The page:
Saturday, 27 September 2014
Mitzi Szereto (http://mitziszereto.com) is an author and anthology editor of multi-genre fiction and non-fiction, has her own blog Errant Ramblings: Mitzi Szereto’s Weblog (http://mitziszereto.com/blog), and is creator/presenter of the Web TV channel Mitzi TV (http://mitziszereto.com/tv), which covers “quirky” London.
Below are the things that Mitzi looks for in short stories that are submitted to her anthologies:
I look for an original voice, freshness in the material, and prose that has style. For me there's nothing worse than stale-sounding material that sounds as if it was churned out to fit some formula or derivative of everything else that's out there. My biggest pet peeves are porn-speak and writers who submit material that bears not the slightest resemblance to what I've asked for.
1) Develop your own voice and style rather than parroting those of others.
2) When it comes to writing sex, avoid the use of trite euphemisms and hackneyed sexual descriptions (especially if you want to get into one of my anthologies!).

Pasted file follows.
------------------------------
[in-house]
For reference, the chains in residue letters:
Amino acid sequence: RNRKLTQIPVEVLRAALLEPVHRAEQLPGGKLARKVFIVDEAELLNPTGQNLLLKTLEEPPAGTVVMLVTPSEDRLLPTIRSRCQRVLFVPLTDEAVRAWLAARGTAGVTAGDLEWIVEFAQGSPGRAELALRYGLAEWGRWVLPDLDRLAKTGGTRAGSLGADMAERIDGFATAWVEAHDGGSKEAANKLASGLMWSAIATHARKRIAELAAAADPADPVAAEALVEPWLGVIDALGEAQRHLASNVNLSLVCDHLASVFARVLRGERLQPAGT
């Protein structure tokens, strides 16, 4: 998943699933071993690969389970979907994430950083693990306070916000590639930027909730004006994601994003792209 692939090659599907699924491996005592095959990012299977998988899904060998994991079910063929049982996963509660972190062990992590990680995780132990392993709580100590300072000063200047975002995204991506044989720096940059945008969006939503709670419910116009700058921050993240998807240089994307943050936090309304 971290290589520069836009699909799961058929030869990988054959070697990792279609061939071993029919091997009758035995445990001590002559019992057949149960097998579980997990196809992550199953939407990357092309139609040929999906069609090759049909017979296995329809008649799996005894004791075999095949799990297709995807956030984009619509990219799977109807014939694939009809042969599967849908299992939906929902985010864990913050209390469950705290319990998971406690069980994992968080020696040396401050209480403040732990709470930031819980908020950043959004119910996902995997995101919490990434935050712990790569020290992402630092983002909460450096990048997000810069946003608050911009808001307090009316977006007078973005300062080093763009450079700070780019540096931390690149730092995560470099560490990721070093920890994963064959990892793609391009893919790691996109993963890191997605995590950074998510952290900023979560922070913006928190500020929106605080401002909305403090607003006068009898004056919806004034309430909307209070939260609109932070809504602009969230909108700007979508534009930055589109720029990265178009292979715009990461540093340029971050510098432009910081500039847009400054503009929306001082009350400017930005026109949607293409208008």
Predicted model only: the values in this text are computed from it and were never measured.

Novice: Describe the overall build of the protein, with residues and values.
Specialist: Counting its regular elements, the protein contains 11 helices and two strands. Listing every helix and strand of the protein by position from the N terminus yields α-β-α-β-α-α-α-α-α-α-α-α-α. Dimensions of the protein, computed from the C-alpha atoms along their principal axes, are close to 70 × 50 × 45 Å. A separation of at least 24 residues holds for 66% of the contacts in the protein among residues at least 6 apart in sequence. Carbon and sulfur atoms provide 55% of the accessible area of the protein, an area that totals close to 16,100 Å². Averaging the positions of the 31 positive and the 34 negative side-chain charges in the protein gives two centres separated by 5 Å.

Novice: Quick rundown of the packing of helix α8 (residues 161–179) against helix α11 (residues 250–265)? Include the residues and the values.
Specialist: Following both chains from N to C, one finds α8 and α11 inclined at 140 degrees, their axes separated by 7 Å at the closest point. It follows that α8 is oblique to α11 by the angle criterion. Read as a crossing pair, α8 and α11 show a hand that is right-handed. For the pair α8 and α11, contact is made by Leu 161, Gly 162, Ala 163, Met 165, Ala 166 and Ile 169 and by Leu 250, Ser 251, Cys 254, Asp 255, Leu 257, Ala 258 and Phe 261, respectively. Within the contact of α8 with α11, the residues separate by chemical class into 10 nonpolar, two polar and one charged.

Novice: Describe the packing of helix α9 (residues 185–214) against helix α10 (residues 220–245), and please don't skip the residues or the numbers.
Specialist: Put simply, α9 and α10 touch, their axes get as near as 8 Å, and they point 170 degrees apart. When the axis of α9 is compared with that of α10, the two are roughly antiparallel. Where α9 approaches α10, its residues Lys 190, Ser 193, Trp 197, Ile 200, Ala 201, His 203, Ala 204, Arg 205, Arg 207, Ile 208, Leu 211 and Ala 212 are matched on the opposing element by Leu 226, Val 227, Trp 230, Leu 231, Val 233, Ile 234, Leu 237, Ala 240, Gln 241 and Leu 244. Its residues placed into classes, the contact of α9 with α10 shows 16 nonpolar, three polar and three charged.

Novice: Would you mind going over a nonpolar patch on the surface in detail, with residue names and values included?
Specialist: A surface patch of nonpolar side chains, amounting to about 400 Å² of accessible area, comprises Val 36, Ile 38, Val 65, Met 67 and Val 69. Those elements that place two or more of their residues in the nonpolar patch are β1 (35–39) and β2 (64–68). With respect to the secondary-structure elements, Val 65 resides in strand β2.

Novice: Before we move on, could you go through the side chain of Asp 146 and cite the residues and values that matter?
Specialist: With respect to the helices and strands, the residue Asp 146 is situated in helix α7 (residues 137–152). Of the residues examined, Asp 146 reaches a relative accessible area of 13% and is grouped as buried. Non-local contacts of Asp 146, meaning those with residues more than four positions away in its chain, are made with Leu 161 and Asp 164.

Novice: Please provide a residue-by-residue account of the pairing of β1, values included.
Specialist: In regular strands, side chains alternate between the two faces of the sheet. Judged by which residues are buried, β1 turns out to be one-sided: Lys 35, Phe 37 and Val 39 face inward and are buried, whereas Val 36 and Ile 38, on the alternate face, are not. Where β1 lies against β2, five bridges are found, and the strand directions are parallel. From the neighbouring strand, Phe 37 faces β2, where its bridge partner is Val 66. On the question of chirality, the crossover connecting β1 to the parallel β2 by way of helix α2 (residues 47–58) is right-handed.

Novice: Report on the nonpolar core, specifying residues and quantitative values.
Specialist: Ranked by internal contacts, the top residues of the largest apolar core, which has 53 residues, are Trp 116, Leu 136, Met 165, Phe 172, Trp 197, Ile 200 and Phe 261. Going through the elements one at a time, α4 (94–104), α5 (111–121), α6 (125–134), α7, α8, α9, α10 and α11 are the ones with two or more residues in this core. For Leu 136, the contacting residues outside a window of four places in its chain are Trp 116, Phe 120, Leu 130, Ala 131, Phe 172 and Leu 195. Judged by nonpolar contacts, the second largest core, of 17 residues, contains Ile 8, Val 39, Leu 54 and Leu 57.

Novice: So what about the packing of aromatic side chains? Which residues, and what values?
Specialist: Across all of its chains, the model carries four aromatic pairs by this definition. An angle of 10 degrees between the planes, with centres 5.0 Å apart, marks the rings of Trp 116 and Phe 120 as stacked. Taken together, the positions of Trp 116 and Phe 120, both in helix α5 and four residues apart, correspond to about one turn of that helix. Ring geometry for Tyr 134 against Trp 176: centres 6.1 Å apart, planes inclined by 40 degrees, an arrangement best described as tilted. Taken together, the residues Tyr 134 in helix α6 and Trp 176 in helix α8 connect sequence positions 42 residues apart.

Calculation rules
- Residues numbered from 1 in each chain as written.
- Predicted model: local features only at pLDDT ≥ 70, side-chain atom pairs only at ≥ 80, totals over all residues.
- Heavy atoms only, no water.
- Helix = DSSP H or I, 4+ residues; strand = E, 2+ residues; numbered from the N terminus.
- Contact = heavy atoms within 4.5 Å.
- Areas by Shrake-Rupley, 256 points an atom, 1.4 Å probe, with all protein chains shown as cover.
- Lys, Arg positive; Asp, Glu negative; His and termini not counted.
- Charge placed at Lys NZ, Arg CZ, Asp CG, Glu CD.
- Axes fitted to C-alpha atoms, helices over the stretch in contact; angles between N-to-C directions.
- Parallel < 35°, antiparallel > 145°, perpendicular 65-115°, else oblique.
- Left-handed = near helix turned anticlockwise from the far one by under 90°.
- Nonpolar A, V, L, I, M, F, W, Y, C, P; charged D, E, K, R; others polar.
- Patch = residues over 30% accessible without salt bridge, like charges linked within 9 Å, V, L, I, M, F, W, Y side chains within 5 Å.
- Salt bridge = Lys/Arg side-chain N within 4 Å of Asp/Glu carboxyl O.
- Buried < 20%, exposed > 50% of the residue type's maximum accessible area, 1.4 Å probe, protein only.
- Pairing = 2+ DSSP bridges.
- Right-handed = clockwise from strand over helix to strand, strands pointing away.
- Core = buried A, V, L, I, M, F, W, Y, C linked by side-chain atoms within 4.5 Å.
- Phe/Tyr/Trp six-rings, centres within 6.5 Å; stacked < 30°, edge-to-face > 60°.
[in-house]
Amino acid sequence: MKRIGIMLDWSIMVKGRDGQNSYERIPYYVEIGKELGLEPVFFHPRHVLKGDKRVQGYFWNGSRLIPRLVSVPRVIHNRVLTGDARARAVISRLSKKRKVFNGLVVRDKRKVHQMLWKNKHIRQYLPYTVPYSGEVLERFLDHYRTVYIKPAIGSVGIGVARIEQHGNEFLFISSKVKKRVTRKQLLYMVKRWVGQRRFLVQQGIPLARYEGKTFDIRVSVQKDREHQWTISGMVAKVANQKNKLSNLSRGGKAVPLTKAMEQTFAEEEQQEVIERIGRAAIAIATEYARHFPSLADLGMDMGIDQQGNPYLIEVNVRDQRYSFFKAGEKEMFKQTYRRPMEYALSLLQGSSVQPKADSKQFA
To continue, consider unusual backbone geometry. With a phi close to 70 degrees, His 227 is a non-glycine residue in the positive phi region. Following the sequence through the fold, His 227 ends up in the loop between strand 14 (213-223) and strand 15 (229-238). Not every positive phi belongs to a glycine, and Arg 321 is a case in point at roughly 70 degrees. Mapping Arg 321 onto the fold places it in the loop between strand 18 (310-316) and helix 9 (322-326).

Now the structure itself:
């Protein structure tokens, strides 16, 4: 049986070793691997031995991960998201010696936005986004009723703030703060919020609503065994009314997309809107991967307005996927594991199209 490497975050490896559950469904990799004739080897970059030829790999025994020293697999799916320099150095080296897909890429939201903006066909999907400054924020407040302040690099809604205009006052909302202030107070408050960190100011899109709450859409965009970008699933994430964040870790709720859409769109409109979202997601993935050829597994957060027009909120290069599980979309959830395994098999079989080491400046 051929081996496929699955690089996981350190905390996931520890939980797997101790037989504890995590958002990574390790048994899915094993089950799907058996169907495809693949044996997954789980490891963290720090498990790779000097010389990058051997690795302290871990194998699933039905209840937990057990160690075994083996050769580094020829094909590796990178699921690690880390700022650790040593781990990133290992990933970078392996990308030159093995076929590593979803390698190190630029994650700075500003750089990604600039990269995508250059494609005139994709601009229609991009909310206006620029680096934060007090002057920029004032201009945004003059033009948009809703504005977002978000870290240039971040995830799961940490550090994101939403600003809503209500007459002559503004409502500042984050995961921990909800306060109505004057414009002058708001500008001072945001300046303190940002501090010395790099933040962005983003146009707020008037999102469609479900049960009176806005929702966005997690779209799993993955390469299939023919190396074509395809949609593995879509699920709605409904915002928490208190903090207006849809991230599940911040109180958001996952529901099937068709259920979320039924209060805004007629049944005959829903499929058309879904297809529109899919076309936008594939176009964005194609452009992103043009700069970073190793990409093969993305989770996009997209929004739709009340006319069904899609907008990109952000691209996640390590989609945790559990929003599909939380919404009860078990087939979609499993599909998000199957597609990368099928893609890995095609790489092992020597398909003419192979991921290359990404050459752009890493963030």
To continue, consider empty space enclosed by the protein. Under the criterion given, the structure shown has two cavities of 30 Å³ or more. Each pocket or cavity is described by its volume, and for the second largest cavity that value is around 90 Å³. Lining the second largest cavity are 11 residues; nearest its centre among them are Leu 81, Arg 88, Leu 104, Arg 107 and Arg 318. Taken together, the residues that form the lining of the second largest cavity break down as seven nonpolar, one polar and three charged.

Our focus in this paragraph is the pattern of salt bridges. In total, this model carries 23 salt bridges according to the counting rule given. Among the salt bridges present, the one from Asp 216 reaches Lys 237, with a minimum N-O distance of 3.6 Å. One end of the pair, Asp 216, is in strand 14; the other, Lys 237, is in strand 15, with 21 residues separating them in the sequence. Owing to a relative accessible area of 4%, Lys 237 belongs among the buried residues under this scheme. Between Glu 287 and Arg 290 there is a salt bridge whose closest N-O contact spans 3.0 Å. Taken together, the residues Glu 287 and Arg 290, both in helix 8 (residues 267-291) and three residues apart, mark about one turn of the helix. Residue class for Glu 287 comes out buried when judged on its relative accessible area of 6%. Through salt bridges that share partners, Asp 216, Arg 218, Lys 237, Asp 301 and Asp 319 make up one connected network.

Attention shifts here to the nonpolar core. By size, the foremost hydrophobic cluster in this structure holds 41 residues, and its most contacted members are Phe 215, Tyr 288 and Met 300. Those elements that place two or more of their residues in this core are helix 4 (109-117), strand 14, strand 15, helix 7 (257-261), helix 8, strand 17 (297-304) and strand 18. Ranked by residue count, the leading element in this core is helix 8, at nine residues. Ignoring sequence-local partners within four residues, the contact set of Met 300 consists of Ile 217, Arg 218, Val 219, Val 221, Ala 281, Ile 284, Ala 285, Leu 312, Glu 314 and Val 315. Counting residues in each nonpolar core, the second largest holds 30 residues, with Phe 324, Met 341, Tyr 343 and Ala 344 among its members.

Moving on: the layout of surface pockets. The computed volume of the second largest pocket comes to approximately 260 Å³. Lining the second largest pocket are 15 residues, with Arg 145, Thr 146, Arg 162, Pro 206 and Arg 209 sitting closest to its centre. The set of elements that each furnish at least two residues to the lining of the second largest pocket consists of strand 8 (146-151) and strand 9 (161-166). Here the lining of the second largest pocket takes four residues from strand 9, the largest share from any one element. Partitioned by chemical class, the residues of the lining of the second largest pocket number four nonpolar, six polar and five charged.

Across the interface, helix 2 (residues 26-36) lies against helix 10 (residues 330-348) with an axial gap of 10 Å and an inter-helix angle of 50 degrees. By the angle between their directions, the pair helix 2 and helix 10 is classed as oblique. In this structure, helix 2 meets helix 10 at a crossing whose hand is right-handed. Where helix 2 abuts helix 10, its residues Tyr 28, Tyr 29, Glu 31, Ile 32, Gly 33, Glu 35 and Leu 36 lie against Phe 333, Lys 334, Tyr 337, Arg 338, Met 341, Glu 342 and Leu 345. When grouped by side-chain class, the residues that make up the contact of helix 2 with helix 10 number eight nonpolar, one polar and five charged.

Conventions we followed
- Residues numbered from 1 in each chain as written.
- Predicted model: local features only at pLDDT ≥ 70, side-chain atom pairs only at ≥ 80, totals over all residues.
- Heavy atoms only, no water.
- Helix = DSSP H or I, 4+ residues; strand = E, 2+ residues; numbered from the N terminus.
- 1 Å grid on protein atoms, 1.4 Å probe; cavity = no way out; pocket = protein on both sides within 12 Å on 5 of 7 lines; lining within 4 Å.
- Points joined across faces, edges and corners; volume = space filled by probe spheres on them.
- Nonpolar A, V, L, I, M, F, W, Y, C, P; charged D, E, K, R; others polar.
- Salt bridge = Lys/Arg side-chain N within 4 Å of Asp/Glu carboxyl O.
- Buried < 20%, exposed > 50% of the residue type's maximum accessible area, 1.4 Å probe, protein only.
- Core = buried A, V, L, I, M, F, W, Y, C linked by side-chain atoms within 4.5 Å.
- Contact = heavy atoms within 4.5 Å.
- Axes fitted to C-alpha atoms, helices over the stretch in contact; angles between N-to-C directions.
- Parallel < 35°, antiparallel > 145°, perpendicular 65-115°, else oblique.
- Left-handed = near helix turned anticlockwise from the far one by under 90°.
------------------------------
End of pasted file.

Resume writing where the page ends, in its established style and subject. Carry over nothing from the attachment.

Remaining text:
3) The sex should not be the story, but be part of the story. Remember that you are writing A STORY, not a script for a porn video. (Do they even have scripts????)
4) Avoid the formulaic. You might sell some work, but it won't necessarily earn you any respect as a writer.
5) Be creative in your writing, not regurgitative. Just because you've seen something written a certain way by other writers doesn't mean you should emulate it. Very often it's just the opposite.
Mitzi Szereto (http://mitziszereto.com) is an author and anthology editor of multi-genre fiction and non-fiction, has her own blog Errant Ramblings: Mitzi Szereto’s Weblog (http://mitziszereto.com/blog), and is creator/presenter of the Web TV channel Mitzi TV (http://mitziszereto.com/tv), which covers “quirky” London. Her books include Thrones of Desire: Erotic Tales of Swords, Mist and Fire; Normal for Norfolk (The Thelonious T. Bear Chronicles); Pride and Prejudice: Hidden Lusts; Red Velvet and Absinthe: Paranormal Erotic Romance; In Sleeping Beauty’s Bed: Erotic Fairy Tales; Getting Even: Revenge Stories; Dying for It: Tales of Sex and Death; and Wicked: Sexy Tales of Legendary Lovers. She has pioneered erotic writing workshops in the UK and mainland Europe, teaching them from the Cheltenham Festival of Literature to the Greek islands. Her anthology Erotic Travel Tales 2 is the first anthology of erotica to feature a Fellow of the Royal Society of Literature.